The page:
On the 15th of July he went on board the “Bellerophon," and surrendered his sword to Admiral Hotham. At Plymouth he was transferred to the “Northumberland” which carried him to St. Helena. There he spent the last seven years of his life. He tried to write his memoirs, he quarrelled with his keepers and he dreamed of past times. Curiously enough he returned (at least in his imagination) to his original point of departure. He remembered the days when he had fought the battles of the Revolution. He tried to convince himself that he had always been the true friend of those great principles of “Liberty, Fraternity and Equality” which the ragged soldiers of the convention had carried to the ends of the earth. He liked to dwell upon his career as Commander-in-Chief and Consul. He rarely spoke of the Empire. Sometimes he thought of his son, the Duke of Reichstadt, the little eagle, who lived in Vienna, where he was treated as a “poor relation" by his young Habsburg cousins, whose fathers had trembled at the very mention of the name of Him. When the end came, he was leading his troops to victory. He ordered Ney to attack with the guards. Then he died.

But if you want an explanation of this strange career, if you really wish to know how one man could possibly rule so many people for so many years by the sheer force of his will, do not read the books that have been written about him. Their authors either hated the Emperor or loved him. You will learn many facts, but it is more important to “feel history" than to know it. Don’t read, but wait until you have a chance to hear a good artist sing the song called “The Two Grenadiers." The words were written by Heine, the great German poet who lived through the Napoleonic era. The music was composed by Schumann, a German who saw the Emperor, the enemy of his country, whenever he came to visit his imperial father-in-law. The song therefore is the work of two men who had every reason to hate the tyrant.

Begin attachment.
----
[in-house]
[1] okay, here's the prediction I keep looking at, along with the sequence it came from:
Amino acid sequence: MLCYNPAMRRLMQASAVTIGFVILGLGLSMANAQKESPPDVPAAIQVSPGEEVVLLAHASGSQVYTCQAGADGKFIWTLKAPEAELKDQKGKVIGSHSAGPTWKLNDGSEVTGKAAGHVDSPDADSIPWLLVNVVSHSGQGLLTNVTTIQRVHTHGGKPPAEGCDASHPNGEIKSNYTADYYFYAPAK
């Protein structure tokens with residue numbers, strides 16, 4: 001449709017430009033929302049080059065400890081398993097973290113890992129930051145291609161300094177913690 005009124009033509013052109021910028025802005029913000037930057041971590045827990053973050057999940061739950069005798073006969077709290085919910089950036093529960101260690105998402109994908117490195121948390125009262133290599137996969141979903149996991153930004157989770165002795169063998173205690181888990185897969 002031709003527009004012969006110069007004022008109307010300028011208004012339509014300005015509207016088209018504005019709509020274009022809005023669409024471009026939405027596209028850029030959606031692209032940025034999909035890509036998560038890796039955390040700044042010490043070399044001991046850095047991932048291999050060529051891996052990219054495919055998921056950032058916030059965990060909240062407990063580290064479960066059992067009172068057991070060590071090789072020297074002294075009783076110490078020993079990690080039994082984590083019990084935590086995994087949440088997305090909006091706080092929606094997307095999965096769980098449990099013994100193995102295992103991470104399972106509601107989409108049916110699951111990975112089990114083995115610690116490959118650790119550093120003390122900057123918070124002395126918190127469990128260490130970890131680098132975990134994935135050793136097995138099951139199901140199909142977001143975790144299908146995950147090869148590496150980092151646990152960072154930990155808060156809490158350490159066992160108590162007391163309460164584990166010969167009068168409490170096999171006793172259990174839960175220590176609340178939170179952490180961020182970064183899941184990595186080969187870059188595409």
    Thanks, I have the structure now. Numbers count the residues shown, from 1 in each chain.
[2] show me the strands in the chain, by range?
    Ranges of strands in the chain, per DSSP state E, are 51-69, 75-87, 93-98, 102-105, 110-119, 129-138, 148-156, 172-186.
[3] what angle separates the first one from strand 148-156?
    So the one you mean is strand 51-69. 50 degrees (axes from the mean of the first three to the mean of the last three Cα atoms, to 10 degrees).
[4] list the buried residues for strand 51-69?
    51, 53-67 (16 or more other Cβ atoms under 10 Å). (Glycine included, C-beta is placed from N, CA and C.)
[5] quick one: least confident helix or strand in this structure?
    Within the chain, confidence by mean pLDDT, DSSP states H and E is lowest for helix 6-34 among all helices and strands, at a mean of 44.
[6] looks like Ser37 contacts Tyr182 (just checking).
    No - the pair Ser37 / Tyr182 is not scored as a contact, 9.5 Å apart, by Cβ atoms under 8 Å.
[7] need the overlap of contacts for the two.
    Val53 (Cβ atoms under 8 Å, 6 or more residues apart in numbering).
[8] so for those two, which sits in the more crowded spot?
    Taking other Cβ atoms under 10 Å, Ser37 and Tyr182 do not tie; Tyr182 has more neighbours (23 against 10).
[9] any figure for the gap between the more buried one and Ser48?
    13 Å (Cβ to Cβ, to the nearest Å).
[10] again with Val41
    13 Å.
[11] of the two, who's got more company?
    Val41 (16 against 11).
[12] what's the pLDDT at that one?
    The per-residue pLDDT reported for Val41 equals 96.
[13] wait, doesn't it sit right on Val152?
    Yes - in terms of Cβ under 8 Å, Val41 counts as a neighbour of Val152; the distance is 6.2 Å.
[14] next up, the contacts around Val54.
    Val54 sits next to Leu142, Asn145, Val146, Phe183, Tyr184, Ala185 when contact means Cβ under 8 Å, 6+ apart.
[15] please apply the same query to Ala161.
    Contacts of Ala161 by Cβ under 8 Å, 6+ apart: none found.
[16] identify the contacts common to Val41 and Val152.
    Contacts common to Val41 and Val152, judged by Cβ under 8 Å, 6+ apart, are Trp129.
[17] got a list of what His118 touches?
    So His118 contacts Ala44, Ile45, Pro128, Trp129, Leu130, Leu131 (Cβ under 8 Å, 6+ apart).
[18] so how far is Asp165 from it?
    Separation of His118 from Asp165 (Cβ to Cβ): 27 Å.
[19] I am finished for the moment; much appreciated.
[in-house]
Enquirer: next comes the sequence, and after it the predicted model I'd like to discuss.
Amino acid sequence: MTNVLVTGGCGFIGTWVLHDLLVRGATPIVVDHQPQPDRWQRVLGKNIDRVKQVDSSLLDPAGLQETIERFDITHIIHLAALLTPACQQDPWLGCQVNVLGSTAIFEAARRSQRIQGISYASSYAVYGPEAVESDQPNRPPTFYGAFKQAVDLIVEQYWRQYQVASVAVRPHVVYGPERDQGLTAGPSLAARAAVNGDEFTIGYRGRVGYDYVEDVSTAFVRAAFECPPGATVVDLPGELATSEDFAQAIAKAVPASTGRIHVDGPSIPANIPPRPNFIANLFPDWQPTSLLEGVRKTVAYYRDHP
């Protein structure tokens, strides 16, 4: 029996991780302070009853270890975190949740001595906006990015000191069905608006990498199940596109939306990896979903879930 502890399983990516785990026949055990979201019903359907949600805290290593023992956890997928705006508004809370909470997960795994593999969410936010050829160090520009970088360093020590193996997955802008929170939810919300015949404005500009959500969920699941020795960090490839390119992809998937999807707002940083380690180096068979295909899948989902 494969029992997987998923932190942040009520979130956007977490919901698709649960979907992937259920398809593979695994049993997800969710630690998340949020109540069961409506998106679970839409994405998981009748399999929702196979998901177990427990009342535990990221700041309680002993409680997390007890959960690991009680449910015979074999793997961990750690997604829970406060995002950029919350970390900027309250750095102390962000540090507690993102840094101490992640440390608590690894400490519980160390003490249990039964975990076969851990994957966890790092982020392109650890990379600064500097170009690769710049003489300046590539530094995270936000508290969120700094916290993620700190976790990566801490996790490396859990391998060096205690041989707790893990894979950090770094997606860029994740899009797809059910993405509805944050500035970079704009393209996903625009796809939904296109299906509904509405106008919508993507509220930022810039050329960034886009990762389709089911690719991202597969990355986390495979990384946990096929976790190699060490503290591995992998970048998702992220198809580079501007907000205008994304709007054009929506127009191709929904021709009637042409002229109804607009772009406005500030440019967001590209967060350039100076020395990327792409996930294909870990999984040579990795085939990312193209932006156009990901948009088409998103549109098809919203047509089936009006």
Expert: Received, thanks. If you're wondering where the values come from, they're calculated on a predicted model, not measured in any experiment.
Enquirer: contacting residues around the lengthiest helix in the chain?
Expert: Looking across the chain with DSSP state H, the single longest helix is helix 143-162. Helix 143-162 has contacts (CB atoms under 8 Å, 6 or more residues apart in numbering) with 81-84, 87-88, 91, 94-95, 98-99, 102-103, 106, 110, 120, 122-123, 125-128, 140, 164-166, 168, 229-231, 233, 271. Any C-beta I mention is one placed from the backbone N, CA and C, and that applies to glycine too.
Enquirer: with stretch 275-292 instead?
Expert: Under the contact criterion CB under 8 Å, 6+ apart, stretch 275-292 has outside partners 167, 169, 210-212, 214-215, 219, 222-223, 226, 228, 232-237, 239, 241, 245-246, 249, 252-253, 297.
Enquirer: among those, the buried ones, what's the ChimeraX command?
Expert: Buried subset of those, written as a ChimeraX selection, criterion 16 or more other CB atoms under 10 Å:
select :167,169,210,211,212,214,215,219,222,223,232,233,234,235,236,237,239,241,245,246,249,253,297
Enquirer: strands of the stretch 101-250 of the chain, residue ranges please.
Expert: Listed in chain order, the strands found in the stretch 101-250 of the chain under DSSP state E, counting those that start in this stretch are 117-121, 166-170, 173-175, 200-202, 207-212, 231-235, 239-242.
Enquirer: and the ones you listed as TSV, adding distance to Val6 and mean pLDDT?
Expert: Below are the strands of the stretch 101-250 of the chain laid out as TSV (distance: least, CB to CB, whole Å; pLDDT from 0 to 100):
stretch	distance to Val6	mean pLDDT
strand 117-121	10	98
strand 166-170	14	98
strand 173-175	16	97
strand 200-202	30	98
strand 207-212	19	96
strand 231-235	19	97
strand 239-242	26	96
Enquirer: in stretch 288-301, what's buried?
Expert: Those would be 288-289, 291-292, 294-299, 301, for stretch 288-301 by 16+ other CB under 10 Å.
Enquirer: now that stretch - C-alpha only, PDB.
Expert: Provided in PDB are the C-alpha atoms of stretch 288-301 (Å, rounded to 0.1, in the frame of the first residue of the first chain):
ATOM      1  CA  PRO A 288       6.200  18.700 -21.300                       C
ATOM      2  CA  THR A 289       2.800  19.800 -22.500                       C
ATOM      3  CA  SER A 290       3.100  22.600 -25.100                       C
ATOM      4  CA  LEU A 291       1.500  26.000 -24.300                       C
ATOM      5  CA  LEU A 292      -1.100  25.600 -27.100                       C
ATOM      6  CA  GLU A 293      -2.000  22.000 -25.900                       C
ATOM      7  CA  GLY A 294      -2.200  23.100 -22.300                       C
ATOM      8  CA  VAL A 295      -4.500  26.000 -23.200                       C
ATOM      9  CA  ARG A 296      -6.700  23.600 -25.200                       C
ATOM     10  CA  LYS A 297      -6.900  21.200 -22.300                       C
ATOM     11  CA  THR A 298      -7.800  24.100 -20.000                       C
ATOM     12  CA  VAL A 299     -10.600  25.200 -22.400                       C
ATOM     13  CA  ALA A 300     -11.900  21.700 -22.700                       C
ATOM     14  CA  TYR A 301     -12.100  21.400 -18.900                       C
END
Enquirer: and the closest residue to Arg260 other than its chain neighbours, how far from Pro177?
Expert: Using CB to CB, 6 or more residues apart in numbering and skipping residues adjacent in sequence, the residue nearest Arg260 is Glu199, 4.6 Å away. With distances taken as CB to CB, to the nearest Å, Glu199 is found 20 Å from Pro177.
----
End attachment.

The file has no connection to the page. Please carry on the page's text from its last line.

Go and hear it. Then you will understand what a thousand volumes could not possibly tell you.


Preface  •  Foreword  •  The Story of Mankind  •  Our Earliest Ancestors  •  Prehistoric Man  •  Hieroglyphics  •  The Nile Valley  •  The Story of Egypt  •  Mesopotamia  •  Moses  •  The Phoenicians  •  The Indo-Europeans  •  The Aegean Sea  •  The Greeks  •  The Greek Cities  •  Greek Self-Government  •  Greek Life  •  The Greek Theatre  •  The Persian Wars  •  Athens vs. Sparta  •  Alexander the Great  •  A Summary  •  Rome and Carthage  •  The Rise of Rome  •  The Roman Empire  •  Joshua of Nazareth  •  The Fall of Rome  •  Rise of the Church  •  Mohammed  •  Charlemagne  •  The Norsemen  •  Feudalism  •  Chivalry  •  Pope vs. Emperor  •  The Crusades  •  The Mediaeval City  •  Mediaeval Self-Government  •  The Mediaeval World  •  Mediaeval Trade  •  The Renaissance  •  The Age of Expression  •  The Great Discoveries  •  Buddha and Confucius  •  The Reformation  •  Religious Warfare  •  The English Revolution  •  The Balance of Power  •  The Rise of Russia  •  Russia vs. Sweden  •  The Rise of Prussia  •  The Mercantile System  •  The American Revolution  •  The French Revolution  •  Napoleon  •  The Holy Alliance  •  The Great Reaction  •  National Independence  •  The Age of the Engine  •  The Social Revolution  •  Emancipation  •  The Age of Science  •  Art  •  Colonial Expansion and War  •  A New World

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The Story of Mankind
By Hendrik van Loon